A cat lover’s guide to allergies and cat allergy testing

January 22, 2024

Being a cat lover with allergies isn’t easy, and managing cat allergy symptoms like coughing, sneezing, itchy/watery eyes, runny nose and itchy skin can put a strain on your relationship with your feline friend. But if you’re like most cat lovers who are allergic to their pets, living without your cat may be the last thing on your mind.

 

Fortunately, scientific advancements in things like diagnostic testing and specialized cat food are making it easier than ever to manage cat allergens and live in harmony with your cat. To help you better understand cat allergen sensitivities, we’re shedding light on what you need to know about cat allergens, cat allergy component testing and more.

 

Cat allergies are more complex than they seem

You may know the symptoms of cat allergies (coughing, sneezing, itchy/watery eyes, runny nose, itchy skin, etc.), but do you know what’s to blame? It might seem that cat hair is the culprit for all the sniffling, sneezing and itching, but the reality is a little more complicated.

 

When you experience cat allergy symptoms, your body is reacting to one or more specific proteins in your cat’s saliva, urine and dander. So, when it comes to the question of cat allergies, you need more than a simple ‘yes’ or ‘no’ answer. 

 

Knowing which proteins (or components) you’re sensitive to makes an enormous difference in helping you and your healthcare provider or allergist develop management plans. That’s where allergy component testing comes in.

 

What can cat allergy component testing tell you?

Component testing goes deeper than telling you whether you’re sensitive to cat allergens. By measuring your immune response to specific proteins, component testing can provide a better picture of what you may be allergic to and guide a more precise treatment and management of allergy symptoms with your provider. Labcorp OnDemand’s Dog and Cat Allergy Test measures your Immunoglobulin E (IgE) level to dog and cat dander.

 

If the test finds that you are sensitized to cat dander, further testing is automatically performed (at no additional cost) to find out which specific proteins may be causing your allergy symptoms. These specific proteins can be found in cat’s dander, saliva or urine.

 

  • Felis domesticus allergen 1 (Fel d 1): Present in about 95% of all people with cat allergies, Fel d 1 is the most important and major cat allergen, triggering an allergen sensitivity response in the body.
  • Felis domesticus allergen 2 (Fel d 2): While Fel d 2 is considered a minor cat allergen, sensitivity to this protein can have important implications for how you manage allergies. Sensitivity to only Fel d 2 could mean your symptoms may be caused by other mammals (e.g., dogs, guinea pigs, horses, pigs, chickens, sheep, goats, rabbits, hamsters) but not likely by cats. This is called cross-reactivity and occurs when your immune system identifies the proteins in different substances similar enough to trigger an allergic response.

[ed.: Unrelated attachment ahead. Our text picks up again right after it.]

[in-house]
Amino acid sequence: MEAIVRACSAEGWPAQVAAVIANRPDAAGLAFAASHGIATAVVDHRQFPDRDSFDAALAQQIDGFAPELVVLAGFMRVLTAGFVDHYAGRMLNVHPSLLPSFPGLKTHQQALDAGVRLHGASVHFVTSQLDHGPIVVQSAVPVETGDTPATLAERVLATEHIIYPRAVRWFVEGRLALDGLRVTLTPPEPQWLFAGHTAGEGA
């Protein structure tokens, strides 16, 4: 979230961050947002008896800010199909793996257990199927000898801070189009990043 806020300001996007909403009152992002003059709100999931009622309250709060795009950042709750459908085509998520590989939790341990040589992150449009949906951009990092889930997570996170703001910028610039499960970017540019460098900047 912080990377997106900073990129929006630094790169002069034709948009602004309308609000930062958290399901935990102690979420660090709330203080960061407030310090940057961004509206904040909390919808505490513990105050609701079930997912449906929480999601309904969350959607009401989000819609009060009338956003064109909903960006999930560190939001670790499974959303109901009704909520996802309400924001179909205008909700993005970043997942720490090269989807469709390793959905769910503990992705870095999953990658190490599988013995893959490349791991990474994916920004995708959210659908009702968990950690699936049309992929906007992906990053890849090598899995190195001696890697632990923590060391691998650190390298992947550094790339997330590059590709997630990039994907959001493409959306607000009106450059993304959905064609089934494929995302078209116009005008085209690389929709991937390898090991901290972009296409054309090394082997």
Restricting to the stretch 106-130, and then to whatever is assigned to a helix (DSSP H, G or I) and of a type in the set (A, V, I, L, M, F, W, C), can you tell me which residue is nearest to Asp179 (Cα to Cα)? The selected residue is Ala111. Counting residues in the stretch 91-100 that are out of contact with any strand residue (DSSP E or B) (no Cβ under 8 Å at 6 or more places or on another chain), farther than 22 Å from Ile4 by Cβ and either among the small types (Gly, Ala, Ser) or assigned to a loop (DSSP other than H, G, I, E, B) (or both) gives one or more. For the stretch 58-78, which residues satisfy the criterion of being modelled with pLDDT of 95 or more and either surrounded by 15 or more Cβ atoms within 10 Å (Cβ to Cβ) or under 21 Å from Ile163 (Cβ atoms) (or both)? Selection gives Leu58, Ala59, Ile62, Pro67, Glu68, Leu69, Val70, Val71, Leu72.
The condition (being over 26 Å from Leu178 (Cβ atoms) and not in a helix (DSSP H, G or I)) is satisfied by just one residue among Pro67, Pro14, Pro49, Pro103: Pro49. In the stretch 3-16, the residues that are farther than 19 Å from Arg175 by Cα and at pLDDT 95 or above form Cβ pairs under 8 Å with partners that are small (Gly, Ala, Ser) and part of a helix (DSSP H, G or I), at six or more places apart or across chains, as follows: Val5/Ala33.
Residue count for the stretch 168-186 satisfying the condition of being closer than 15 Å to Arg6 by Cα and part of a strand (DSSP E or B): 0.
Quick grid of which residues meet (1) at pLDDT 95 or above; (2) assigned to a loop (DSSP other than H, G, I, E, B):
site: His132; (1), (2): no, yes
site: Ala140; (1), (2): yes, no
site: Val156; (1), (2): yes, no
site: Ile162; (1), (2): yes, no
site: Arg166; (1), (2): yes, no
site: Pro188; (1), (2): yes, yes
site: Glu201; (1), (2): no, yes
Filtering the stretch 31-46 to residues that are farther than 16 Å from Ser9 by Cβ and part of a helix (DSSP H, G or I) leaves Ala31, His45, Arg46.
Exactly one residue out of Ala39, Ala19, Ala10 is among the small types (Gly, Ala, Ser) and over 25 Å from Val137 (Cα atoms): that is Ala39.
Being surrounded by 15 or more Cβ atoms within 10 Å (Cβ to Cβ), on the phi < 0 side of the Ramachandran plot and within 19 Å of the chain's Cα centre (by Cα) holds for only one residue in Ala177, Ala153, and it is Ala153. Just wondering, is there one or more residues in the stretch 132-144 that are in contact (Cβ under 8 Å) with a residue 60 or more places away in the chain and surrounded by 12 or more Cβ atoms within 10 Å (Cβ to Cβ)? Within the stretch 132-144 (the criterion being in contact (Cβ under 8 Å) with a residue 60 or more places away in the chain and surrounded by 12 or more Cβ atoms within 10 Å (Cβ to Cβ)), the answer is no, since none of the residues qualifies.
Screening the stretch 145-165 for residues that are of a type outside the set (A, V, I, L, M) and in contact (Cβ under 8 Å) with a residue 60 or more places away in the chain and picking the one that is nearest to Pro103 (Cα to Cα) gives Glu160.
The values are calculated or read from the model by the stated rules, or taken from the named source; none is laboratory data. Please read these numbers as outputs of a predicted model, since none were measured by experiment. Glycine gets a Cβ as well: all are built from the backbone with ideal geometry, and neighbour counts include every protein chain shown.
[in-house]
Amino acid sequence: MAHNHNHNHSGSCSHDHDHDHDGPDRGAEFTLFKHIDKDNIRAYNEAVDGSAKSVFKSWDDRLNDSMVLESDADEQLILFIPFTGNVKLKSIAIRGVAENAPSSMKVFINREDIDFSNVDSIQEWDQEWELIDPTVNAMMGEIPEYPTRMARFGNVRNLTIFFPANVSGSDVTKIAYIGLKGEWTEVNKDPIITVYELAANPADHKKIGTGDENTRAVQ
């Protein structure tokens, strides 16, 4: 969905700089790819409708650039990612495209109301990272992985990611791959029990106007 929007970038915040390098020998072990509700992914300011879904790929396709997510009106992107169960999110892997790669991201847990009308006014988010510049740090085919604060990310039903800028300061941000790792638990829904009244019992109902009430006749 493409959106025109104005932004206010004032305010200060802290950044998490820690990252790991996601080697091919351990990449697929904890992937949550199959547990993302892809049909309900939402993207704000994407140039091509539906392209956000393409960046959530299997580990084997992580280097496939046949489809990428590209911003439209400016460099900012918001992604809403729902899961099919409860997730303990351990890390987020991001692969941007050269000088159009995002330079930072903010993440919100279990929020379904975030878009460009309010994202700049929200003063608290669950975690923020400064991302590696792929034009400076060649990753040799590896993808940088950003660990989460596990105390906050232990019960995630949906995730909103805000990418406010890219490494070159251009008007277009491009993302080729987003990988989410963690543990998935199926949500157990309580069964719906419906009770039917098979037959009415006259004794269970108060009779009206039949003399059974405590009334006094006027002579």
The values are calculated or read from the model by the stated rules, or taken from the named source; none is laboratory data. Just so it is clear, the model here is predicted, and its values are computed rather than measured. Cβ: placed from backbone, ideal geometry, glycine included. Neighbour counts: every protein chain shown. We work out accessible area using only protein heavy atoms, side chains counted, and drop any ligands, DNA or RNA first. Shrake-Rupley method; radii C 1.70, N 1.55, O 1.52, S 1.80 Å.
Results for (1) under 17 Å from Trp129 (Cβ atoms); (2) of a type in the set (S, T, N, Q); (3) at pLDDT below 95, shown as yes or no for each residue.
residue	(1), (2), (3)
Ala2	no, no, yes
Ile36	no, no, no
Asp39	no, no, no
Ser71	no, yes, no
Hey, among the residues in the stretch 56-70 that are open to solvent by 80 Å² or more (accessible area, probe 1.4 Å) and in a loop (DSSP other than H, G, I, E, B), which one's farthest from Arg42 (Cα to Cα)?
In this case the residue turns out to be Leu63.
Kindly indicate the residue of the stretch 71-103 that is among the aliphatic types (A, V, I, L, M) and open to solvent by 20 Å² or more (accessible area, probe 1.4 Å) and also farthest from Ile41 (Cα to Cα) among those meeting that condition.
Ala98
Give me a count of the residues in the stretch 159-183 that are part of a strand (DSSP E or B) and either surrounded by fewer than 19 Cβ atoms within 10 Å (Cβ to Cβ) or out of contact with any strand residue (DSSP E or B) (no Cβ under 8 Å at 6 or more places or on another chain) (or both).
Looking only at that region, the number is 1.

• Felis domesticus allergen 4 (Fel d 4): Fel d 4 is the second most common allergen component of cat dander. Like Fel d 2, Fel d 4 is cross-reactive with proteins produced by other mammals. This means a cat is unlikely to be the primary allergen if you’re sensitive to Fel d 4 but not sensitive to Fel d 1.

 

What can I do if I have cat allergies?

If allergy component testing reveals sensitivity to one or more of the proteins in cats, don’t worry; there are plenty of ways to improve your quality of life without rehoming your beloved feline.

 

  • Groom your cat regularly: It’s a longstanding myth that hairless or short-haired cats are less allergenic than other cats. The truth is that all cats, regardless of hair type or color, produce Fel d 1. Frequent grooming can help reduce dry skin and excess shedding, reducing the amount of allergen in the air
  • Wash your hands frequently: Don’t touch your eyes immediately after handling a cat without washing your hands first
  • Designate a cat-free zone in your home: Cat allergens are notoriously ‘sticky,’ meaning they travel easily and can persist on surfaces, especially carpet and fabric, for a long time. To give yourself some symptom-free spaces, it can help to keep certain rooms, like your bedroom, cat-free
  • Avoid carpet that cat allergens can stick to easily: Where possible, opt for hardwood or tile, which can be cleaned more easily
  • Keep your home clean: Install high-quality HEPA air filters, vacuum floors and wipe down surfaces regularly
  • Consider a change of diet: Purina® recently developed a revolutionary cat food that’s been shown to reduce the amount of Fel d 1 in cat hair and dander by an average of 47% by the third week of daily feeding. Discover how Purina Pro Plan® LiveClear uses a key protein in eggs to simply and safely neutralize Fel d 1 in cats, potentially reducing your allergen exposure and making life with your cat more comfortable
  • Treat symptoms as recommended by your provider: Antihistamines, corticosteroids, decongestants and other medications or therapies may be used to alleviate symptoms. If you purchase the Labcorp OnDemand Dog and Cat Allergy Test, take your results to your provider to develop a personalized allergy plan.


Get started on the path to relief with allergy component testing

 

Saying goodbye to allergy symptoms doesn’t have to mean saying goodbye to your pets. With Labcorp OnDemand’s Dog and Cat Allergy Test, you can get the answers you need to work with your healthcare provider and find relief.